Military Advisors Training System (MATS)

Award Information
Agency:
Department of Defense
Branch
Army
Amount:
$100,000.00
Award Year:
2008
Program:
STTR
Phase:
Phase I
Contract:
W91WAW-08-P-0429
Award Id:
85019
Agency Tracking Number:
A08A-003-0218
Solicitation Year:
n/a
Solicitation Topic Code:
n/a
Solicitation Number:
n/a
Small Business Information
12 Gill Street, Suite 1400, Woburn, MA, 01801
Hubzone Owned:
N
Minority Owned:
N
Woman Owned:
N
Duns:
967259946
Principal Investigator:
Michael Keeney
Team Scientist
(202) 552-6118
mkeeney@aptima.com
Business Contact:
Margaret Clancy
Chief Financial Officer
(781) 496-2415
clancy@aptima.com
Research Institution:
UNIV. OF NEBRASKA AT OMAHA
Mary L Farnham
6001 Dodge Street
Omaha,, NE, 68182
(402) 554-2286
Nonprofit college or university
Abstract
The United States provides experienced personnel to advise foreign military and security forces. Success in this critical role requires advisors to be more than just competent warriors. Unfortunately, there is a continuing gap between the degree of training, cultural, and interpersonal expertise that advisors need and the training available to prepare them for success. Aptima, Inc. has partnered with the University of Nebraska at Omaha (UNO) and its Center for Afghanistan Studies (CAS) to propose the development of a training system to improve the ability of military advisors to interact with their host-county counterparts in ways that will be effective in furthering host nation and American interests. The Army needs a theoretical model of how advisors should teach and coach counterparts that considers differences in the individual advisor and the individual counterpart, situational and cultural factors, counterpart learning strategies, and counterpart motivation levels. The model must identify best practices for instruction, relate these best practices to learning theory, account for the success or failure of coaching strategies, describe learning style differences in a specific Middle Eastern culture, and offer recommendations for overcoming language and communication difficulties and interpreter problems. The training must seamlessly integrate into existing Army training systems.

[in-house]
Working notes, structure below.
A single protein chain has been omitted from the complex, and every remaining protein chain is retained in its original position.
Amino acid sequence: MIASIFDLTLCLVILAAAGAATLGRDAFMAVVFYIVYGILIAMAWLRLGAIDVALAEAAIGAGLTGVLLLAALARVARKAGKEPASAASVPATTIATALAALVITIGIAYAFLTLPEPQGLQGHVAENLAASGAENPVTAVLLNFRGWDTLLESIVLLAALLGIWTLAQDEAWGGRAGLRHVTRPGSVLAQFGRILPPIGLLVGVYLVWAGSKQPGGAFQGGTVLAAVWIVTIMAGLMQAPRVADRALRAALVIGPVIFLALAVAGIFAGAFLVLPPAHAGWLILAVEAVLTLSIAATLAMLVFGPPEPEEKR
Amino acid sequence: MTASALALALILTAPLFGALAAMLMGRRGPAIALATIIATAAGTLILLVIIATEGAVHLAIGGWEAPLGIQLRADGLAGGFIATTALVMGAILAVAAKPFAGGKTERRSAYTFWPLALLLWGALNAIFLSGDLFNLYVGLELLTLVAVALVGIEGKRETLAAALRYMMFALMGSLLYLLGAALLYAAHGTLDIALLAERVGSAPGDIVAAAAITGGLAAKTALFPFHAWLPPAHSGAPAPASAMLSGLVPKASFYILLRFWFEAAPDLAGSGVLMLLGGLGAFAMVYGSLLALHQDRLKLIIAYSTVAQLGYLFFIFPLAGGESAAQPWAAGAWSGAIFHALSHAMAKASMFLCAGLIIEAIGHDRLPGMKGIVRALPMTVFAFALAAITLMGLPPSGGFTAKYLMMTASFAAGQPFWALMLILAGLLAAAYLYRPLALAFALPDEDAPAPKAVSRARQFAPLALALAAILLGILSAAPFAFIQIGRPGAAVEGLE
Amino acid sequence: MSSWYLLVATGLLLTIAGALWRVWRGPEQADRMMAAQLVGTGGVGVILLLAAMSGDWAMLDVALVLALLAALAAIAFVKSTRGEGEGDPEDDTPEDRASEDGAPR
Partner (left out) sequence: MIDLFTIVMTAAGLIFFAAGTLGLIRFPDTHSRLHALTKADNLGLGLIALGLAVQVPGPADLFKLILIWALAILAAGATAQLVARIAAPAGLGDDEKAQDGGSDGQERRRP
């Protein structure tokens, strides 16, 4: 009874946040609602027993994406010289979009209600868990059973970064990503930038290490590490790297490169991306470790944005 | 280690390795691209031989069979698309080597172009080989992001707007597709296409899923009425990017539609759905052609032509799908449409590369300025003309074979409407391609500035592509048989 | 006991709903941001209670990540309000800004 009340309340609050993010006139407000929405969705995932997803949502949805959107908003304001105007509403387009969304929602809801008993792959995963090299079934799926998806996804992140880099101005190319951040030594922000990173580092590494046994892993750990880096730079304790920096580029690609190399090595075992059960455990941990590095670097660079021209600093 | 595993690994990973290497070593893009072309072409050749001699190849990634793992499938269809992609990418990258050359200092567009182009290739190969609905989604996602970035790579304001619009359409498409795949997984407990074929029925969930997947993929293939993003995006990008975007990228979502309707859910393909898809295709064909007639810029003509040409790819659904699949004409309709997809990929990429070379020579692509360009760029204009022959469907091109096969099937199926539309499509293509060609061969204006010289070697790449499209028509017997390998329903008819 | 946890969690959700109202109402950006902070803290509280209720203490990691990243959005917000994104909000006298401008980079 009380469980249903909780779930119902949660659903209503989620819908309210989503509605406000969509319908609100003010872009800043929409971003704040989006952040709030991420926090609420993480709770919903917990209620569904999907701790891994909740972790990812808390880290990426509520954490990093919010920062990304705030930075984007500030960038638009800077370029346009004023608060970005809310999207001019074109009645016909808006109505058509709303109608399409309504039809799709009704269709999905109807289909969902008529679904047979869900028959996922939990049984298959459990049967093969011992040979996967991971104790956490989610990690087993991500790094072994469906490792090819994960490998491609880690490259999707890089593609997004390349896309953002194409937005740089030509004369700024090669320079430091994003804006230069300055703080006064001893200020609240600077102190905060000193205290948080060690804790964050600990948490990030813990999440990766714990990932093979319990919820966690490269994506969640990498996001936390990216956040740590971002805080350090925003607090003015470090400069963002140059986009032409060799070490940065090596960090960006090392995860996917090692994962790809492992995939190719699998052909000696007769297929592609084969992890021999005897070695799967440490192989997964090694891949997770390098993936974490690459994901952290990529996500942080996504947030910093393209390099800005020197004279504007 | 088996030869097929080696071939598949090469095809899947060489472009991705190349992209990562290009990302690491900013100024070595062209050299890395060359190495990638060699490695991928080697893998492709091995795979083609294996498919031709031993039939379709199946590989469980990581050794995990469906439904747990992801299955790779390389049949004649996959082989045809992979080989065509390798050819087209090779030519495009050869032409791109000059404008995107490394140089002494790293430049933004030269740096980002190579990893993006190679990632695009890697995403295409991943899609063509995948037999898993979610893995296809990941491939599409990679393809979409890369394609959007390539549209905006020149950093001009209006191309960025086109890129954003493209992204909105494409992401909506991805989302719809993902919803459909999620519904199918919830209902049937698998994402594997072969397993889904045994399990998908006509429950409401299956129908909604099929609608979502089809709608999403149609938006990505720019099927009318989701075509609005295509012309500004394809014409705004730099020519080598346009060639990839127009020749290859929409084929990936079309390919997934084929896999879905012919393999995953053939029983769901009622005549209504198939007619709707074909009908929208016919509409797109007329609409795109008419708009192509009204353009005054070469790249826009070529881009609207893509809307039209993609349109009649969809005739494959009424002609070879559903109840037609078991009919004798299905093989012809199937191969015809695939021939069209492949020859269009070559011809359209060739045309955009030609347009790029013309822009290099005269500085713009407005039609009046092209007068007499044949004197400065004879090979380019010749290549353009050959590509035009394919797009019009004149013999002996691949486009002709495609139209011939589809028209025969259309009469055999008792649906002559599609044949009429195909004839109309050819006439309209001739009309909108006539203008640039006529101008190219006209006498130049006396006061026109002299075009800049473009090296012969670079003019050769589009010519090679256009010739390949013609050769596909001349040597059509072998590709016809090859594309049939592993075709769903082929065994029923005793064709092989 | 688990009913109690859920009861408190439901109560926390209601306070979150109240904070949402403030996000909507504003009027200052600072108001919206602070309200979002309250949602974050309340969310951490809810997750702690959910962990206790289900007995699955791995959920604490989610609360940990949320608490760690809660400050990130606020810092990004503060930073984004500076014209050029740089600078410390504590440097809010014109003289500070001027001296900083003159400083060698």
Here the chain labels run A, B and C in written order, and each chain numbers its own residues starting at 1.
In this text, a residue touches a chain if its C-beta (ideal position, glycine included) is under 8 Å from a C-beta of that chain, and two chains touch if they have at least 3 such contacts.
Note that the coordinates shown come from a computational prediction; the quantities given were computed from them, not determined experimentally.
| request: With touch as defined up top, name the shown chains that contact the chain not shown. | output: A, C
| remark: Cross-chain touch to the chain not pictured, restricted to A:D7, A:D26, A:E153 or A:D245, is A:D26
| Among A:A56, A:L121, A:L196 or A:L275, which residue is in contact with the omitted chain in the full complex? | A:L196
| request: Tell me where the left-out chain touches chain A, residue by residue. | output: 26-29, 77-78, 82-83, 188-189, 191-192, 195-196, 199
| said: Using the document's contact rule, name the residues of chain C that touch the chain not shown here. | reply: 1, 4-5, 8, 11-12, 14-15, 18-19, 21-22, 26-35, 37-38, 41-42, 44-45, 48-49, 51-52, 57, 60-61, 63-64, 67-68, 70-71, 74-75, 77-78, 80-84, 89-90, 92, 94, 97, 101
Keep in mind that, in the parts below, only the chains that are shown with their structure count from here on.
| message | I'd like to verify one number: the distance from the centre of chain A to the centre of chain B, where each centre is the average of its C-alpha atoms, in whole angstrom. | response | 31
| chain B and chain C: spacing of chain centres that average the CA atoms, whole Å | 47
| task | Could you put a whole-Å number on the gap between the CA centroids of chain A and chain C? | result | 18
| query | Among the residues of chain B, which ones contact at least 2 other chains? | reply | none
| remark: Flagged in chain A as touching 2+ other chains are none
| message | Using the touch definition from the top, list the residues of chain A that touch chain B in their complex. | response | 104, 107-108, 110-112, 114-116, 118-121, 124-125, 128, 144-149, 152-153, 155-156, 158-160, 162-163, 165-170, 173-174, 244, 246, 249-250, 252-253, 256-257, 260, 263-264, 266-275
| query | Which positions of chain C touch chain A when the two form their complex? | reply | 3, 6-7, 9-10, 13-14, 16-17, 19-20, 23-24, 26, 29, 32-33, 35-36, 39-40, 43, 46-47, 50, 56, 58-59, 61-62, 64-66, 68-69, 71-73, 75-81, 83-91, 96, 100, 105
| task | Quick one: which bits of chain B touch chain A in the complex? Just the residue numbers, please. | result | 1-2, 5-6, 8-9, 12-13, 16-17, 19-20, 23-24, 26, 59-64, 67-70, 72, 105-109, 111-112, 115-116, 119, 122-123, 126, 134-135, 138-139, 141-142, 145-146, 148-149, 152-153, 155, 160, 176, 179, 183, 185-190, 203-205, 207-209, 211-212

* information listed above is at the time of submission.

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